The coffee conflict

August 4, 2017

Are disposable coffee cups recyclable? Experts have different opinions, but there are a few things we can do to save the environment and still get our caffeine fix, writes Jessica Morris.

 

 

Australians are obsessed with coffee, and it’s mind-blowing to learn that we use an estimated one billion disposable coffee cups every year. What’s even more shocking is that according to many experts (and famously shown on the ABC’s War on Waste) very few of these cups are recyclable. 


That’s right, the humble coffee cup which warms your hands like a hug on a winter’s day, is actually poisoning the Earth’s oceans and can take a thousand years to degrade back into the Earth.


When did coffee become so complicated?


While takeaway coffee cups look like they’re made from paper, most have a thin layer of plastic lining them which can take a thousand years to break down, long after the other components have returned to the Earth.


During this long, drawn-out process, many coffee cups also break down into small pieces which sea life mistake for food.


So what can we do to solve the problem?


Experts are divided as to whether we should try to recycle our coffee cups, and some question the validity of those that are labelled as compostable and biodegradable. It’s all a bit confusing—especially when we just want our morning coffee fix. Thankfully, Planet Ark’s head of campaigns, Brad Gray, shares a few tips on their website about how we can approach the issue.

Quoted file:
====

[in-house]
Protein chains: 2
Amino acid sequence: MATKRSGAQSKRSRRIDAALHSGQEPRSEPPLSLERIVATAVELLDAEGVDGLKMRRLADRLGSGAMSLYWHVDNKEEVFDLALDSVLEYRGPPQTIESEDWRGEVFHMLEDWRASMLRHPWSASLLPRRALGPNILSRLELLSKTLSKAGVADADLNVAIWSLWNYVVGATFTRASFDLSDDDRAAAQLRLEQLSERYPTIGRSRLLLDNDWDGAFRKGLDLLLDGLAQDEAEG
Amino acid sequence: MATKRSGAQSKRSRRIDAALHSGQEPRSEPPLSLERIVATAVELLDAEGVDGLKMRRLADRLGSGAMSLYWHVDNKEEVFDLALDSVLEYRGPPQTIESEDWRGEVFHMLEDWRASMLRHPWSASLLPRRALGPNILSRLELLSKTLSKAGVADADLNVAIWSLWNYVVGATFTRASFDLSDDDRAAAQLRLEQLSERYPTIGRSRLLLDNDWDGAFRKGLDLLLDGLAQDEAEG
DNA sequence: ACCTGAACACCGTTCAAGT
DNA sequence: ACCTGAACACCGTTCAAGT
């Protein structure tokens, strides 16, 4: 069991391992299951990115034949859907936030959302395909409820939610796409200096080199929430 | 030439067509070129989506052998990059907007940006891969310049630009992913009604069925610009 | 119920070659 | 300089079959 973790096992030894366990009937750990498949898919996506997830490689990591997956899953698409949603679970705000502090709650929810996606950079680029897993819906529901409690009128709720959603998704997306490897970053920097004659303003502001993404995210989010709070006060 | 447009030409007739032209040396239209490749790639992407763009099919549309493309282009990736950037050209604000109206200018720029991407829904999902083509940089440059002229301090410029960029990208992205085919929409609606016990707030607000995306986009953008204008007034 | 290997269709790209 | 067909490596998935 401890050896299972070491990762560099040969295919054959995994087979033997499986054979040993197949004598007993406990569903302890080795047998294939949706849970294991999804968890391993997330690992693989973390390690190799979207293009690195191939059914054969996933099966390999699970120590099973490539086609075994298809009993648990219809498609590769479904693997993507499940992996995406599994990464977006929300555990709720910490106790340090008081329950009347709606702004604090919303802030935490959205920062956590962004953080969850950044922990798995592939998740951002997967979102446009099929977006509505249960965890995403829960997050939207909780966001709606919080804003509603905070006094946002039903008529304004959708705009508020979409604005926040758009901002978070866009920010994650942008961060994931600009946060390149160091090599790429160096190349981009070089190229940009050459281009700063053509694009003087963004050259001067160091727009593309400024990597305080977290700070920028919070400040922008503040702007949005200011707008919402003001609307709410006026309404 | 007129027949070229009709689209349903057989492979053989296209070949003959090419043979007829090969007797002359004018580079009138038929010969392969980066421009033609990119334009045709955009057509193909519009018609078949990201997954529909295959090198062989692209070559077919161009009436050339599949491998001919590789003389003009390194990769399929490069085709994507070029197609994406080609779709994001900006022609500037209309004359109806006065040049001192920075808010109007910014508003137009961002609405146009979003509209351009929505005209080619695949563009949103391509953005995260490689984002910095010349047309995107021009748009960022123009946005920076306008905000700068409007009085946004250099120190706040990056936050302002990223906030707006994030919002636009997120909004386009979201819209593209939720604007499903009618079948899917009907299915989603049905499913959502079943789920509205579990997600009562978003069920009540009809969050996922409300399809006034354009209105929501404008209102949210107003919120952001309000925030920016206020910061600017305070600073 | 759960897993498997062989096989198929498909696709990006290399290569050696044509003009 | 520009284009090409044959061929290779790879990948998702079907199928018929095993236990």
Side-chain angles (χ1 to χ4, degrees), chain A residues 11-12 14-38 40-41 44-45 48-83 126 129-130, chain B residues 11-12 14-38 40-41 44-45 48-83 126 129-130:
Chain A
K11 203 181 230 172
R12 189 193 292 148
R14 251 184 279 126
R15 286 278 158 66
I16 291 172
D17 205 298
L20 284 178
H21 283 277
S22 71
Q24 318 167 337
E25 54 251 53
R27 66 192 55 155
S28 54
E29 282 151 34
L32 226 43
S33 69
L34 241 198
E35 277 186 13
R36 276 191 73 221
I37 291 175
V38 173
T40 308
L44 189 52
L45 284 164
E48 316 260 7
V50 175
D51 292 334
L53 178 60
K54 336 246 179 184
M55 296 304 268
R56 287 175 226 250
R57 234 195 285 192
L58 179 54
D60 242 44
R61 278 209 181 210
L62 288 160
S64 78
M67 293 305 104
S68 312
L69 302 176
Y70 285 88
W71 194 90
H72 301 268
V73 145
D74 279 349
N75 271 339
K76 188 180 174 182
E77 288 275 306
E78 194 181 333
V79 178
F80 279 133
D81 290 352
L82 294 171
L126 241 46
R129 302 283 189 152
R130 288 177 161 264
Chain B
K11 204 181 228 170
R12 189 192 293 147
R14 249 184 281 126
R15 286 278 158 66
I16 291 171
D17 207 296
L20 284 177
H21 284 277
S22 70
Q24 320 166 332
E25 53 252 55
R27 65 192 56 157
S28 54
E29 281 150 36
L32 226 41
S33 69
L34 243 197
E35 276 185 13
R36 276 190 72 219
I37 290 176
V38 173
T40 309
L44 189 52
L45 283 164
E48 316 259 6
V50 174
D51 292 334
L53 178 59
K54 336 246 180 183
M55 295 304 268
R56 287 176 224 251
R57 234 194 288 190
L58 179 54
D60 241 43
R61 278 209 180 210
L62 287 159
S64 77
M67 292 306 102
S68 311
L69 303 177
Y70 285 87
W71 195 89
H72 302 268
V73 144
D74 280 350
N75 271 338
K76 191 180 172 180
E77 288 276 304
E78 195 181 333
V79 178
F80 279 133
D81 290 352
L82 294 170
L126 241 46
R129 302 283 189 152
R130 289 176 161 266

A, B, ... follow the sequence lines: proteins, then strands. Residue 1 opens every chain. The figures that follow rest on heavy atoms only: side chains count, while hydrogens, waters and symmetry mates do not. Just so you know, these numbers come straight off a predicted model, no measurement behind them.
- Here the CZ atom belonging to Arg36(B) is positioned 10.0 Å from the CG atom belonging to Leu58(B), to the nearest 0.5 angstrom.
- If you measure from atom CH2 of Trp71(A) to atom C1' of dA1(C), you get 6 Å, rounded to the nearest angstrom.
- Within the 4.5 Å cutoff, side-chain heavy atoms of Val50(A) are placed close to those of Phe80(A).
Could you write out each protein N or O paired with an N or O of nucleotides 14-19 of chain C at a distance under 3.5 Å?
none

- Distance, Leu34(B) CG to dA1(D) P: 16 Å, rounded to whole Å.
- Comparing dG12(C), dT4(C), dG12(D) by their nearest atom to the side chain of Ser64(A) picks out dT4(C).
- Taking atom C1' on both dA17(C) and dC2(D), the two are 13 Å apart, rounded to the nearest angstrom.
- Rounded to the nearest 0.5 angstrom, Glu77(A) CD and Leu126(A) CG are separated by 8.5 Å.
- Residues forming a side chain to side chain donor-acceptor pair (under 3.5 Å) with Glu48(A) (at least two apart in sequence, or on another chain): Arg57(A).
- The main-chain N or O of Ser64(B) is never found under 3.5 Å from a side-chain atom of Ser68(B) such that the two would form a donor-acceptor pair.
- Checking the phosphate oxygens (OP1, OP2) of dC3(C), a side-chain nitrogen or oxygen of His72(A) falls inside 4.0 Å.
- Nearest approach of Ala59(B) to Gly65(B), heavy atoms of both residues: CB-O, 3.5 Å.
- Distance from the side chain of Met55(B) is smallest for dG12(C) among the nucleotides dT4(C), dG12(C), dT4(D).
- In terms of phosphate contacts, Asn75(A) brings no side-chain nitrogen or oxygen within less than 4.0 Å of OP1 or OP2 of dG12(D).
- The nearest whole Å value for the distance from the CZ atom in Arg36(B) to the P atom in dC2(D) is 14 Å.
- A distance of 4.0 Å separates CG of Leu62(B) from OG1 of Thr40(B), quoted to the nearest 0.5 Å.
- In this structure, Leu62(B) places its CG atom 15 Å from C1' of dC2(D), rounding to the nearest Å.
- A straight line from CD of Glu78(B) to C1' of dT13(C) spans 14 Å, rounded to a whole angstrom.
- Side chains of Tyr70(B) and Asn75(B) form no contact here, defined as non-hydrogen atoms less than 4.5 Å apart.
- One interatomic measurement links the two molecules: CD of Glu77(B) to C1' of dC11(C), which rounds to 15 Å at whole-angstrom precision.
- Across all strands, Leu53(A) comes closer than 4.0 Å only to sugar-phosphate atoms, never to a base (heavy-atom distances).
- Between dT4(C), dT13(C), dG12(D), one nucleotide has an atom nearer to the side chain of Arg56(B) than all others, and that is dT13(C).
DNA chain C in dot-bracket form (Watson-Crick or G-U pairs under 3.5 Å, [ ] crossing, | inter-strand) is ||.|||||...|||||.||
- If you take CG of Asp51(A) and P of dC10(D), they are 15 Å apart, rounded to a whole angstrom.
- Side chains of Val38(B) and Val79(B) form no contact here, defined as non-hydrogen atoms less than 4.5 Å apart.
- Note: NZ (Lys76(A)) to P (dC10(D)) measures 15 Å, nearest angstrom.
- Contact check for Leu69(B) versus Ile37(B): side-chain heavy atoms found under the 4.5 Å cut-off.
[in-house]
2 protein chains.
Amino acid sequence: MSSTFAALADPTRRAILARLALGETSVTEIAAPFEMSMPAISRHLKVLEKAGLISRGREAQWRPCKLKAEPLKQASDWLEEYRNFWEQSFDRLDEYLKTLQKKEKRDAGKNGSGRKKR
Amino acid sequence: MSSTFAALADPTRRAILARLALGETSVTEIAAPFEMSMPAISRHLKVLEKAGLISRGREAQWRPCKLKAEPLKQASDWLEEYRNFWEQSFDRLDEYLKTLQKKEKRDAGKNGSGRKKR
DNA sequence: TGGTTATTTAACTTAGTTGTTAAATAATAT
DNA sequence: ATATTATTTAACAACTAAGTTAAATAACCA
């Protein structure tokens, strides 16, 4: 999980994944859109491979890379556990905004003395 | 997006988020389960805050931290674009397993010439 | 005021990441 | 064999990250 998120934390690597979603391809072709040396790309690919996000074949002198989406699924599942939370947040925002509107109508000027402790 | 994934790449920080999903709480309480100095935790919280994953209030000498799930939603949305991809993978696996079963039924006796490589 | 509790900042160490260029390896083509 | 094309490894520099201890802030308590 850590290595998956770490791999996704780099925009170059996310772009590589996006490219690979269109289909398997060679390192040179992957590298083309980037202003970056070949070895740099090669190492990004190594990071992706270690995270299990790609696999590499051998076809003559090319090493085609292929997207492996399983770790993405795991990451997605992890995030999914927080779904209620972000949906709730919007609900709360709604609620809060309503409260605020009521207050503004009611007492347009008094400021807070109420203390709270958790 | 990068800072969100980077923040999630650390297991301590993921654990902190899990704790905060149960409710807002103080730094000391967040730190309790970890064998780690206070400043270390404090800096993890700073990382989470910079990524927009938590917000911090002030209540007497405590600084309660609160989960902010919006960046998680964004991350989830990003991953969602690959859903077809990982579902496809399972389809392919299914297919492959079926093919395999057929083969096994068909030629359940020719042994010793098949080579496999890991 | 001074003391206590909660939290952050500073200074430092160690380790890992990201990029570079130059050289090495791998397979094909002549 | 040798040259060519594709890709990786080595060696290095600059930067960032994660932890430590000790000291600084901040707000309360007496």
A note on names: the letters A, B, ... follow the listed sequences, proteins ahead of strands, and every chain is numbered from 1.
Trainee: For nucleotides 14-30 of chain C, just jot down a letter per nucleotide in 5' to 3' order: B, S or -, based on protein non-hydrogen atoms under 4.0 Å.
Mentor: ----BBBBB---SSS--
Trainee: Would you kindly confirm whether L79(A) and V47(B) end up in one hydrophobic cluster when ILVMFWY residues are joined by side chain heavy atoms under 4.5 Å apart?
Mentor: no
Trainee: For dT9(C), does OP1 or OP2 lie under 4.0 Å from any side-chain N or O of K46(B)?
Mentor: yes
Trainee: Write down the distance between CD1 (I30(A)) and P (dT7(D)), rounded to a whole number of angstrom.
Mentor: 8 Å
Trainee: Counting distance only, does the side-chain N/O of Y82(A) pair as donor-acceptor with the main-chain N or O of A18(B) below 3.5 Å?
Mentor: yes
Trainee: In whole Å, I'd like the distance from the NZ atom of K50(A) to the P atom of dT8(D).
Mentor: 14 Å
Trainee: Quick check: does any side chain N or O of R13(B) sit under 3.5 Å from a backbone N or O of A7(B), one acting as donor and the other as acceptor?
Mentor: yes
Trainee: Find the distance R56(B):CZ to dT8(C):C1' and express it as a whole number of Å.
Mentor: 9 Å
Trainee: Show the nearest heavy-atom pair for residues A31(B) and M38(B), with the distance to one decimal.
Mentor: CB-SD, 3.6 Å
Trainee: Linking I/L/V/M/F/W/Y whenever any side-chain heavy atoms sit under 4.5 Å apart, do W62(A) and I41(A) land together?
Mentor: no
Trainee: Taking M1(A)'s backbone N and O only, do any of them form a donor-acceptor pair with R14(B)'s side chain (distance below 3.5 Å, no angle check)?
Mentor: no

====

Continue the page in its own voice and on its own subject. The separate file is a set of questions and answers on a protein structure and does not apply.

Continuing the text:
“Two of the general recycling rules are ‘If in doubt, leave it out’ and ‘Follow the rules’, both of which apply [in the workplace],” he says. “If your workplace says ‘No cups in the recycling’, it’s best to follow that rule.”


When it comes to recycling at home, he says a council that accepts milk and juice cartons should generally be able to dispose of the occasional coffee cup. However, when doing this it’s best to flatten it, and other experts say it’s also important to remove the lid, if you take one at all. 


While experts are divided on the coffee cup issue, there is one thing they all agree on: it’s best to switch to reusable. That means using mugs at cafes, and carrying your own plastic or ceramic cup when you get takeaway coffee.


Reusable coffee cups can be pricey, but for your basic, everyday cup, you can pick one up at your local supermarket for about five dollars. 


Ultimately, this doesn’t change much in your day, but over time it helps to make a dent in the estimated 60,000 kg of plastic landfill our disposable coffee cups make every year—and that’s definitely something worth investing in. 


 

Tags: Salvation Army Australia

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